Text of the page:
Nothing to Feel Here: Oklahoma Media Stays Silent on Link Between Fracking and Surge in Earthquakes

The media coverage of the 4.3-magnitude earthquake that shook central Oklahoma Tuesday was complacent and routine.

That's probably just what the oil and gas industry wants.

A glance at online reports about the quakes from The Oklahoman, News 9, KOCO/Channel 5 and NewsChannel 4 shows they didn't even mention how scientists claim the dramatic surge in earthquakes here are caused by the oil and gas drilling process known as hydraulic fracturing or fracking.

The rhetorical structure of how the local media now covers stronger earthquakes has become a pattern: Note the magnitude of the earthquake, quote the impressions of people who felt it and then offer up some video of stuff shaking on the walls, ceilings and shelves. 

When a larger, frightening earthquake strikes these days we end up reading quotes like this: "My dad said maybe the good lord was trying to tell someone something, and I said if he was talking to me, I sure got the message." Here's another one: "The hummingbird feeder on the front porch was moving and a swing seat on the porch was rattling pretty good." Colorful, right?

There's nothing intrinsically wrong with these standard person-on-the-street statements, of course, but they are presented with a gaping lack of context.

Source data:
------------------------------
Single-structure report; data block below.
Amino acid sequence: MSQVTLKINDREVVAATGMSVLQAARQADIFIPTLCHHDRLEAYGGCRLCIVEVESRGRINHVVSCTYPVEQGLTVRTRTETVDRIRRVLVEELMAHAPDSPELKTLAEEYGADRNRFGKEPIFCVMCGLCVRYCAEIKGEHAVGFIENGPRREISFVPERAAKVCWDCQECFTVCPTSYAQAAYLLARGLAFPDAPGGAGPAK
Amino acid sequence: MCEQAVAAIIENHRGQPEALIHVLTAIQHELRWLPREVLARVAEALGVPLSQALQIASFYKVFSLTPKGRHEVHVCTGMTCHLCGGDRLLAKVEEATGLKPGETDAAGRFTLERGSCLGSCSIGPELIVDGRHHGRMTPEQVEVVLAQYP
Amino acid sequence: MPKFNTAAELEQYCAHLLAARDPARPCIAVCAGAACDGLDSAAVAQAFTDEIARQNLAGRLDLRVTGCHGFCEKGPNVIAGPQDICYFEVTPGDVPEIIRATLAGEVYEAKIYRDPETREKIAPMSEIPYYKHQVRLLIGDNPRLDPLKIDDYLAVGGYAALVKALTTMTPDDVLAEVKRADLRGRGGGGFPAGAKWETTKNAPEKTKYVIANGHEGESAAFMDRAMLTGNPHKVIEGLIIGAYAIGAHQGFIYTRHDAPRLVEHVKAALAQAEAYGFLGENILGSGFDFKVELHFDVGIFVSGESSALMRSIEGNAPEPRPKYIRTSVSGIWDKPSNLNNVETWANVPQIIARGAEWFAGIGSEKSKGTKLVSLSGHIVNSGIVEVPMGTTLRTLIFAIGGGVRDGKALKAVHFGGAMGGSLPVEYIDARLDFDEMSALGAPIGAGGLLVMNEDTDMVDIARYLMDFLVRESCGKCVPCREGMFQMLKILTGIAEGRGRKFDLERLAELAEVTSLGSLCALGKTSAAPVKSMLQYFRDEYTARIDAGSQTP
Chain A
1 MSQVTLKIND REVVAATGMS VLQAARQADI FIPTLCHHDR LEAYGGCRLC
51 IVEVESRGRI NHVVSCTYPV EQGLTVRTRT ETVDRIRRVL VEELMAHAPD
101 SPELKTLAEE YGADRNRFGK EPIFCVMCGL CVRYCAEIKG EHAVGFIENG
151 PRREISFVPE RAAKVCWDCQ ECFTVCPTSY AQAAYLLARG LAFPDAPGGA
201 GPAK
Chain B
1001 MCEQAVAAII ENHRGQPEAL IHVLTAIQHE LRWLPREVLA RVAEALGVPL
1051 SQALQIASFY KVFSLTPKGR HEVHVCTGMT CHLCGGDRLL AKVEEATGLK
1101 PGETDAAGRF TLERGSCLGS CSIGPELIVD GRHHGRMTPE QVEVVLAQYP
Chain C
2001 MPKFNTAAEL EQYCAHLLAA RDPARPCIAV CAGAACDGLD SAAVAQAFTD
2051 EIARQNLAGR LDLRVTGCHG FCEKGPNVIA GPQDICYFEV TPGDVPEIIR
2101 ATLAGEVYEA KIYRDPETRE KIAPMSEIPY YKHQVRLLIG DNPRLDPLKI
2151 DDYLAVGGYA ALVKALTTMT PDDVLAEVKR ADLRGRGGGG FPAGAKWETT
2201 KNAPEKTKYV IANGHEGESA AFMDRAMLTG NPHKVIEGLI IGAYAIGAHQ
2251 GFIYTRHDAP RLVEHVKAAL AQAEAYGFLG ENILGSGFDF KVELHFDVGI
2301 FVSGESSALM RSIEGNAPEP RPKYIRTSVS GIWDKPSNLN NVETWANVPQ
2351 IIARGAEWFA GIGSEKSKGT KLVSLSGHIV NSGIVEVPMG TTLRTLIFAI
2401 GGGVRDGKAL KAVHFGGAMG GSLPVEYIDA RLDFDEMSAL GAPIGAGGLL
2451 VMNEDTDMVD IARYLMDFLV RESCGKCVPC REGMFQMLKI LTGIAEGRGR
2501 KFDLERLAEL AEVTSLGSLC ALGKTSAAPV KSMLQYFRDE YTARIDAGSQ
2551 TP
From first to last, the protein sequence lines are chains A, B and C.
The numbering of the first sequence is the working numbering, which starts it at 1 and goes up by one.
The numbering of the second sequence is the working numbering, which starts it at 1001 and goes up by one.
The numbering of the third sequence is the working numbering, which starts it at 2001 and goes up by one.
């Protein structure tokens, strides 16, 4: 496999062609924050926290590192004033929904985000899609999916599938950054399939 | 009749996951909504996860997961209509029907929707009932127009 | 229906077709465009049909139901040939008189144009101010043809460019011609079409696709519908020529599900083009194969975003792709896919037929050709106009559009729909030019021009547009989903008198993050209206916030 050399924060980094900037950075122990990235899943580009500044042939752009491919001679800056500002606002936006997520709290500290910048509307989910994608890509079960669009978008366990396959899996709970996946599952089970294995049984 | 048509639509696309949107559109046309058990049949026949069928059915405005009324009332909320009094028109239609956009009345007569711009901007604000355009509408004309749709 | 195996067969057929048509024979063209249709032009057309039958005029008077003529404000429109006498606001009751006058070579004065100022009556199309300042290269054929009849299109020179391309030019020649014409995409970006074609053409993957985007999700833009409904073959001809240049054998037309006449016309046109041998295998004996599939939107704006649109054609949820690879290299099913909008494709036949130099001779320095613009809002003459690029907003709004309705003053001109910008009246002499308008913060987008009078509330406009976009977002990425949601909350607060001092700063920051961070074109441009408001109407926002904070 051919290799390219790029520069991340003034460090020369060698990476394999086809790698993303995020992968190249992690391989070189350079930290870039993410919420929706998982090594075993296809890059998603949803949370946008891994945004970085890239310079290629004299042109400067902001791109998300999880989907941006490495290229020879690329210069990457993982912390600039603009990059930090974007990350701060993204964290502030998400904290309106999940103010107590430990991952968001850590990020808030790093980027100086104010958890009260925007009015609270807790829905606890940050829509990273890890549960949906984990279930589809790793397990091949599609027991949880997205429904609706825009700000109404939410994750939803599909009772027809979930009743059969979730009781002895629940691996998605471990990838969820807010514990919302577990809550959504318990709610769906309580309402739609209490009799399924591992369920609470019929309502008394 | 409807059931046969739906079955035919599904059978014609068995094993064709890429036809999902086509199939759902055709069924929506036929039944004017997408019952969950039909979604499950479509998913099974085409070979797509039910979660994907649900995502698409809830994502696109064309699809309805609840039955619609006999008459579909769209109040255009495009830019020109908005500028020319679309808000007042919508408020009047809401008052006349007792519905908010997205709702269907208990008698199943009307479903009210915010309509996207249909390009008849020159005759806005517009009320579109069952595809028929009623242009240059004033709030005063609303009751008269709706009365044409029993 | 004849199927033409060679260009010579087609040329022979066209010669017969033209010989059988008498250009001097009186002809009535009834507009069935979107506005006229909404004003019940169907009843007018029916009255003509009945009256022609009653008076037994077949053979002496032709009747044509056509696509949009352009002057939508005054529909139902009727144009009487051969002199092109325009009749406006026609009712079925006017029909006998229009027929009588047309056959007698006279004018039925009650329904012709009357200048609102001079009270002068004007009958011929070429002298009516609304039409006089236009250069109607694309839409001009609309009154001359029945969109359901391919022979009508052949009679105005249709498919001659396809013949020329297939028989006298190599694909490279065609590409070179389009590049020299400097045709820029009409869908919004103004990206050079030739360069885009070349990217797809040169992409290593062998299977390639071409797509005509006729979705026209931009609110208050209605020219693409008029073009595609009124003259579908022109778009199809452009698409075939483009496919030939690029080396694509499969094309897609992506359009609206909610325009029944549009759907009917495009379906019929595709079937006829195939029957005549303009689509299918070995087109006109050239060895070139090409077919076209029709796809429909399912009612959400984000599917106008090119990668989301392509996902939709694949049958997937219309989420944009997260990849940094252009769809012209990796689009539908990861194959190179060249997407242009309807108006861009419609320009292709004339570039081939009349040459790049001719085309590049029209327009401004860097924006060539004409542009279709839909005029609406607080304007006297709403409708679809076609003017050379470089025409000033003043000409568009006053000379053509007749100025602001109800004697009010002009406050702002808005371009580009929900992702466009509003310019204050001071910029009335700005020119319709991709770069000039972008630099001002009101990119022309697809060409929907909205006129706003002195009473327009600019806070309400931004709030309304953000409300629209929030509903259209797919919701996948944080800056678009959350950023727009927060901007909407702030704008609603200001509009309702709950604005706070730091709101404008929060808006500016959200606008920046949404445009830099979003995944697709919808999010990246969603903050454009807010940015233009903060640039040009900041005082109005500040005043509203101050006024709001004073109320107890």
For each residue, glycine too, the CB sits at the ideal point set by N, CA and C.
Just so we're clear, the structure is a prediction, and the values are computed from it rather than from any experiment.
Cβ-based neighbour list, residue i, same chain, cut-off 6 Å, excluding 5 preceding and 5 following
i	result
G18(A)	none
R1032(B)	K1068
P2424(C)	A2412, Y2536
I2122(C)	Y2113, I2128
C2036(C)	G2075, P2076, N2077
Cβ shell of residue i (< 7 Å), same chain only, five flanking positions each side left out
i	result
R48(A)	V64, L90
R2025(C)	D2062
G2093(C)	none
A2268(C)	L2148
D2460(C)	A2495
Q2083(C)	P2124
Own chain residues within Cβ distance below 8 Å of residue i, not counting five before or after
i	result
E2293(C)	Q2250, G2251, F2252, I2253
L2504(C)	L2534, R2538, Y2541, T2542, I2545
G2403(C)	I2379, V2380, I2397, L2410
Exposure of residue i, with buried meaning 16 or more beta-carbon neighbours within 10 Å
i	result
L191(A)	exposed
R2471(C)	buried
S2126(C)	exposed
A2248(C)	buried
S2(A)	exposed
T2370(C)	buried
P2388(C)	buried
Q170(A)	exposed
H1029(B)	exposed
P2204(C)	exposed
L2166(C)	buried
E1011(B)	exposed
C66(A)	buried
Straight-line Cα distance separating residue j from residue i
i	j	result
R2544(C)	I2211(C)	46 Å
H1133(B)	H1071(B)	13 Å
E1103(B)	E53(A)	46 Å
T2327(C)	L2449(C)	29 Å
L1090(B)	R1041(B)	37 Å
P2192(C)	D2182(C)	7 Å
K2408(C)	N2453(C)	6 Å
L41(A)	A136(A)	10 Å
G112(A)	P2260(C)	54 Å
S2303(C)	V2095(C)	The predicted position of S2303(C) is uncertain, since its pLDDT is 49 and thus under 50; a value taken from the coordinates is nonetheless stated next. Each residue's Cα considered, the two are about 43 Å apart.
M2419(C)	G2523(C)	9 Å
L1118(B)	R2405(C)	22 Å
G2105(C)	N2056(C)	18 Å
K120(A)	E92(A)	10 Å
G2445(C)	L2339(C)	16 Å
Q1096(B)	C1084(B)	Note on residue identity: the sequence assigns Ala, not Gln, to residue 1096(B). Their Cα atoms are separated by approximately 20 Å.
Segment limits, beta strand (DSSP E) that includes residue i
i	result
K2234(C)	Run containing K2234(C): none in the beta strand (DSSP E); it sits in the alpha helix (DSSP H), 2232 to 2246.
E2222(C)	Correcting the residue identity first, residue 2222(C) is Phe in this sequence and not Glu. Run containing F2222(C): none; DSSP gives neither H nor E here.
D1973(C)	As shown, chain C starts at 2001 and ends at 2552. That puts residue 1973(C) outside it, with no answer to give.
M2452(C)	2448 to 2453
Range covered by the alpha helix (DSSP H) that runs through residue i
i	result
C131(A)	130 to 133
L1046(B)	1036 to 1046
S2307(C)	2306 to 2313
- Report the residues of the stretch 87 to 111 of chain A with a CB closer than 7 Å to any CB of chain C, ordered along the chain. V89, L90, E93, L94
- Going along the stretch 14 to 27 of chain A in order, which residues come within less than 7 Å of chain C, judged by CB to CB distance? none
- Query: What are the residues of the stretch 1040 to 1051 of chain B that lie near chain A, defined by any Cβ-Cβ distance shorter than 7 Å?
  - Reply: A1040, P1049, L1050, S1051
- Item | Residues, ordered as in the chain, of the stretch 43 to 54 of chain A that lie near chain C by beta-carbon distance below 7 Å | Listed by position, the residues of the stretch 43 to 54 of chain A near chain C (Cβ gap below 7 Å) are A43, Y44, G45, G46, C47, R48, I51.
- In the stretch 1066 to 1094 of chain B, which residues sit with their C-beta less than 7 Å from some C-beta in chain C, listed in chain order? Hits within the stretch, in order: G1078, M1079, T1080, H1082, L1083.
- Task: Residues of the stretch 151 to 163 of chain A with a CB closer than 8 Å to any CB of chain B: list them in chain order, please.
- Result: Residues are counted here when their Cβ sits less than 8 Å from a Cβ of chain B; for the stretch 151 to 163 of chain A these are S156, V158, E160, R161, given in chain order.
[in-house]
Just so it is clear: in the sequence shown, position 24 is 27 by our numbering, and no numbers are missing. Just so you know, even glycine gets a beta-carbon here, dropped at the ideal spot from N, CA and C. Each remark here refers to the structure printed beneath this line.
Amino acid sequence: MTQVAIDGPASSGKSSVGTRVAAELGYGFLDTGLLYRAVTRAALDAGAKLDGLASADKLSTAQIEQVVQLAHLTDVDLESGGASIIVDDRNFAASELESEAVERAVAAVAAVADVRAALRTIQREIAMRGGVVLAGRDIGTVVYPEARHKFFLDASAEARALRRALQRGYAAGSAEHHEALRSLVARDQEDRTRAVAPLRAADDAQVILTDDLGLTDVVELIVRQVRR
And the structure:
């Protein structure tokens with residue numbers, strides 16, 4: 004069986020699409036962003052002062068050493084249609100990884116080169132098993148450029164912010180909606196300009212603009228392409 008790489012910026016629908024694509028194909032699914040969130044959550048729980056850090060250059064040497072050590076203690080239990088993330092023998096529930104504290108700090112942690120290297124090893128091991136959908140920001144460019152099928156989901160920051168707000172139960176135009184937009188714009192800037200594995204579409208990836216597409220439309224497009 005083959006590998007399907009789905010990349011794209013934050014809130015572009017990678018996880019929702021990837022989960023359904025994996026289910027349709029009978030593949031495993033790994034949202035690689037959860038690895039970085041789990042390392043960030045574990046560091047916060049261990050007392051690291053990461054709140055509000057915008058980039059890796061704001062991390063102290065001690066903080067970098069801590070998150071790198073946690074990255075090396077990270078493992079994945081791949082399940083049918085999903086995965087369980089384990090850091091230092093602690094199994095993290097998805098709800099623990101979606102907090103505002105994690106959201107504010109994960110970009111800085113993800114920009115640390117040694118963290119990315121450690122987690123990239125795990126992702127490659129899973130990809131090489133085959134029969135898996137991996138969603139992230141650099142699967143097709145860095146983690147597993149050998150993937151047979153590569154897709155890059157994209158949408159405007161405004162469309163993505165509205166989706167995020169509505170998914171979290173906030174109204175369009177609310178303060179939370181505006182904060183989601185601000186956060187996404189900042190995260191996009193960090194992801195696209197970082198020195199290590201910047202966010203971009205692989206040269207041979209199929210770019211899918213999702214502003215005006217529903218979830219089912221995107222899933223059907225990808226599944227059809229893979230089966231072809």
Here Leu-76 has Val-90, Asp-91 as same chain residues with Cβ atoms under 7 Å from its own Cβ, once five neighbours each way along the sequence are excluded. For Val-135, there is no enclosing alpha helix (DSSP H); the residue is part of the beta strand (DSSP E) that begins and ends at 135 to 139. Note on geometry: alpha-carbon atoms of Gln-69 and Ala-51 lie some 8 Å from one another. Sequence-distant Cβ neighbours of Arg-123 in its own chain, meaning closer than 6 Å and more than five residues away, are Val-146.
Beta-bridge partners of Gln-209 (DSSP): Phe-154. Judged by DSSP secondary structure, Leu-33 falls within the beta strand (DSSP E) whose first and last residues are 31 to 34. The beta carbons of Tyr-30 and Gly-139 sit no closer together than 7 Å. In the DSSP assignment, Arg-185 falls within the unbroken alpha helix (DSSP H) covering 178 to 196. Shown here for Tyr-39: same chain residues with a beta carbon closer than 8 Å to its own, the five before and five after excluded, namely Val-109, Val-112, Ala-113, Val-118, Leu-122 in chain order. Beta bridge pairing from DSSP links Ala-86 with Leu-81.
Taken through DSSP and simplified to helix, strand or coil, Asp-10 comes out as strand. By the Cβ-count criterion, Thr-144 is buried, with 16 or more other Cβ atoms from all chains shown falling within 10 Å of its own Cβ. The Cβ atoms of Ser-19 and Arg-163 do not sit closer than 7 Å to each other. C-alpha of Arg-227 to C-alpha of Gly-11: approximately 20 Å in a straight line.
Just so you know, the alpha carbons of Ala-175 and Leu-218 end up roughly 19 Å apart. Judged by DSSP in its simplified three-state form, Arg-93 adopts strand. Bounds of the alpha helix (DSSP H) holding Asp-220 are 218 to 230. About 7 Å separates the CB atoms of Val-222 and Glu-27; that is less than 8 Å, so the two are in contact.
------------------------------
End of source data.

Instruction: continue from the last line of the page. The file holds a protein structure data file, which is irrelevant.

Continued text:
I want to point this out in harsh terms. The local corporate media coverage of our state's earthquake problem and the problems inherent in fracking is biased and unethical. If and when a major earthquake strikes here causing large-scale damage and bodily harm, the corporate media will be as much to blame as state leaders who have failed to act with urgency to address the state's obvious earthquake emergency.

Any media outlet reporting on an earthquake here that's 3.0-magnitude or above should at the very least mention the growing scientific evidence that it was probably caused by disposal wells used in the fracking process. The failure to do so is a cover-up for the oil and gas industry.

So let me reiterate. Fracking is a drilling process in which water laced with chemicals is injected underground into rock formations, releasing oil and gas from crevices or veins. The wastewater is then injected by high pressure into what are called disposal or injection wells. The disposal well process is what scientists believe is causing the hundreds of earthquakes the state has experienced in the last few years.

The numbers are staggering. Here's just one: Reuters recently reported that there have been 292 earthquakes of a 3.0-magnitude or higher so far this year in Oklahoma, but that was at least a week ago. The number is surely close to 300 or more by now.

There have been some recent developments about growing protests against fracking. I wrote about those developments here.

The corporate media here is undoubtedly dependent on the oil and gas industry for advertising dollars. The oil and gas industry political lobby is large and well funded here and elsewhere and that plays into the media's complicity as well.

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